WEST NILE VIRUS INFECTION
West Nile virus (WNV) infection is more widespread throughout North America than any of the other equine encephalitides. WNV was originally identified in Europe, Africa (Uganda), the Middle East, and western Asia. In 1999 the first case of WNV infection was reported in the United States. How it got to North America is unknown.
WNV is the arbovirus (arthropod-borne virus) that causes WNV infections. Other arboviruses include the eastern equine encephalitis virus, western equine encephalitis virus, La Crosse encephalitis virus, and St. Louis encephalitis virus.
Migratory birds play an important role in the spread of the virus. Common sparrows are resistant to the effects of WNV and are therefore considered natural reservoirs for the virus. Crows and blue jays are severely affected by the virus, and the presence of dead crows or blue jays may indicate the presence of WNV in an area. WNV is spread by the bite of an infected mosquito (Figure 51). Horses and humans are infected when a mosquito takes a meal from an infected bird and subsequently bites a horse or human. Horses, humans, and other mammals do not develop a level of virus in the blood that is significant enough to make them a source of infection to other animals via a mosquito bite; they are, therefore, considered dead-end hosts.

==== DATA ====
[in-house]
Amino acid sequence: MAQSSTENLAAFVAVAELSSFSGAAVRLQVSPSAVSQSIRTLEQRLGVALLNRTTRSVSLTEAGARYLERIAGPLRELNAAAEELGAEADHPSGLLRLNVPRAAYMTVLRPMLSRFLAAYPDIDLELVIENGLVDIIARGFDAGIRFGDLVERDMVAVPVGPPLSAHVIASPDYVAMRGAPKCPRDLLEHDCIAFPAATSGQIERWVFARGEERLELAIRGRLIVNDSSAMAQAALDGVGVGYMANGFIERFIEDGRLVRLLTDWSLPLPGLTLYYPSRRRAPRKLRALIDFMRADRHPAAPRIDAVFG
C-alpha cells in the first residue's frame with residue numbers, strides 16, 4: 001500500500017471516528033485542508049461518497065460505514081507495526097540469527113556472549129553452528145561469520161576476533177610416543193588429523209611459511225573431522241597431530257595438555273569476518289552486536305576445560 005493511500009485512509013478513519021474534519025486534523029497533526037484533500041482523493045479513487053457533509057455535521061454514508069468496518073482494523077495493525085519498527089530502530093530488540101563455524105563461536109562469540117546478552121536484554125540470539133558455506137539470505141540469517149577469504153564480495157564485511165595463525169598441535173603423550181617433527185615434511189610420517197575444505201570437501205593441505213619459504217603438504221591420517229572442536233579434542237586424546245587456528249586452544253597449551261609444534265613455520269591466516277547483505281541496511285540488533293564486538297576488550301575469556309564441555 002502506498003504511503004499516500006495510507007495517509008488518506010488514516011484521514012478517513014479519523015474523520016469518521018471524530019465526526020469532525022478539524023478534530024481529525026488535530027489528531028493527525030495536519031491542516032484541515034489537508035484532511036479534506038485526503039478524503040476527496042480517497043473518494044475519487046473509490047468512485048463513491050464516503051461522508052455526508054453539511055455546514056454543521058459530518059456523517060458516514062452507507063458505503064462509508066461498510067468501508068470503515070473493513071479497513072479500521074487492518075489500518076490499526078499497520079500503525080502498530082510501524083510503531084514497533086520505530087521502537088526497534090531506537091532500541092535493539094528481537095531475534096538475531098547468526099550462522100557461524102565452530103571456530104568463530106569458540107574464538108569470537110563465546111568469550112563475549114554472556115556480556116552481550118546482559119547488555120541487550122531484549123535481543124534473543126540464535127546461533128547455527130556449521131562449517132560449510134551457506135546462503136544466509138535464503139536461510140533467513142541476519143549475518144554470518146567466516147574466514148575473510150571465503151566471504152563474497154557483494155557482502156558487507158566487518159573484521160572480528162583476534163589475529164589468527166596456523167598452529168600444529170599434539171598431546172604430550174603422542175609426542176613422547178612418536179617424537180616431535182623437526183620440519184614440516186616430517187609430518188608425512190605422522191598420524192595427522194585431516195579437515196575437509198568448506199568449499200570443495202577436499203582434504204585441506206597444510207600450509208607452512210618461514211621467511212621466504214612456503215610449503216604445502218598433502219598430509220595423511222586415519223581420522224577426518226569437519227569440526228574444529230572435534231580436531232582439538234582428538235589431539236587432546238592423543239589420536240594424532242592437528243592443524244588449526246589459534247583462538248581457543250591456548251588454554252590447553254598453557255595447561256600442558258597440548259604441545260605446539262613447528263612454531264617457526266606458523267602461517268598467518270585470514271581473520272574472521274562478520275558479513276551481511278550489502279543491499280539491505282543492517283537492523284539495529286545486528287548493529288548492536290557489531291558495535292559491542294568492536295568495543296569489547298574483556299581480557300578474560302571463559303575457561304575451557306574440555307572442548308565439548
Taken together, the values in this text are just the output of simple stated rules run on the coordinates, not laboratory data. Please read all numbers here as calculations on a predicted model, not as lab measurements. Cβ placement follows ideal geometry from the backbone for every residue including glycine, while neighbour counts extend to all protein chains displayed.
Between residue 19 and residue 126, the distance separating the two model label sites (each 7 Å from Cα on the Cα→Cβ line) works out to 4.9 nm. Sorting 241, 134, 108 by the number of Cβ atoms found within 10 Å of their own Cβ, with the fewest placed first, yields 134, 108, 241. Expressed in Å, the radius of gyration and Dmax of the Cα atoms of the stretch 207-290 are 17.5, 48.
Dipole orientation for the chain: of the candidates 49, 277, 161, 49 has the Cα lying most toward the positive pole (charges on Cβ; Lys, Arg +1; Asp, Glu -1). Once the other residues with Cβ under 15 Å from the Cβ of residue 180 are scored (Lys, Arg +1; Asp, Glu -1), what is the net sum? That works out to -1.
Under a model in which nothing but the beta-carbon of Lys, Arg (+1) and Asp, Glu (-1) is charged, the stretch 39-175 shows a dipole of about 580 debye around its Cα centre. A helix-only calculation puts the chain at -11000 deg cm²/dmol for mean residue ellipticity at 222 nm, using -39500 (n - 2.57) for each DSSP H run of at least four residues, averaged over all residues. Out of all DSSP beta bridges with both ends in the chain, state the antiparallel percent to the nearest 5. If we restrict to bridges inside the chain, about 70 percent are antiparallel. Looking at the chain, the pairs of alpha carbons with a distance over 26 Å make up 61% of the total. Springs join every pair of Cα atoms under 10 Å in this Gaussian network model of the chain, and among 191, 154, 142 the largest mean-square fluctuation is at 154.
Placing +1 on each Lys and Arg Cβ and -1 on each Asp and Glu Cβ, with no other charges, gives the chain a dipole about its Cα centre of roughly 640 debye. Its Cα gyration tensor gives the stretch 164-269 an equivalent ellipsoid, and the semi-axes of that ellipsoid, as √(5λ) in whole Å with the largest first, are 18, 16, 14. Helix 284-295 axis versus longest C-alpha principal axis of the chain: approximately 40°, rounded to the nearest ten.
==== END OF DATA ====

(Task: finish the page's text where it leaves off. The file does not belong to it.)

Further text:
WNV infection is indirectly zoonotic, meaning humans and horses cannot be infected directly from one another or from birds. The mosquitoes act as vectors that transmit the virus. WNV infection occurs most commonly from late spring through early fall, when mosquitoes are most active.
Most infected horses will not become clinically ill. If an infected horse becomes clinically ill, the signs are related to the inflammation in the brain, or encephalitis, caused by the virus. These include nonspecific signs such as loss of appetite, depression, and fever. The encephalitis can be manifested by difficulty swallowing, weakness or paralysis of a hind limb, impaired vision, incoordination, head pressing, aimless wandering, walking in circles, excitability, convulsions, coma, and death. These signs will usually appear between 5 and 15 days after infection. Animals usually recover in 4 to 7 days and do not show any signs of permanent brain damage. The mortality rate in horses can be up to 33%.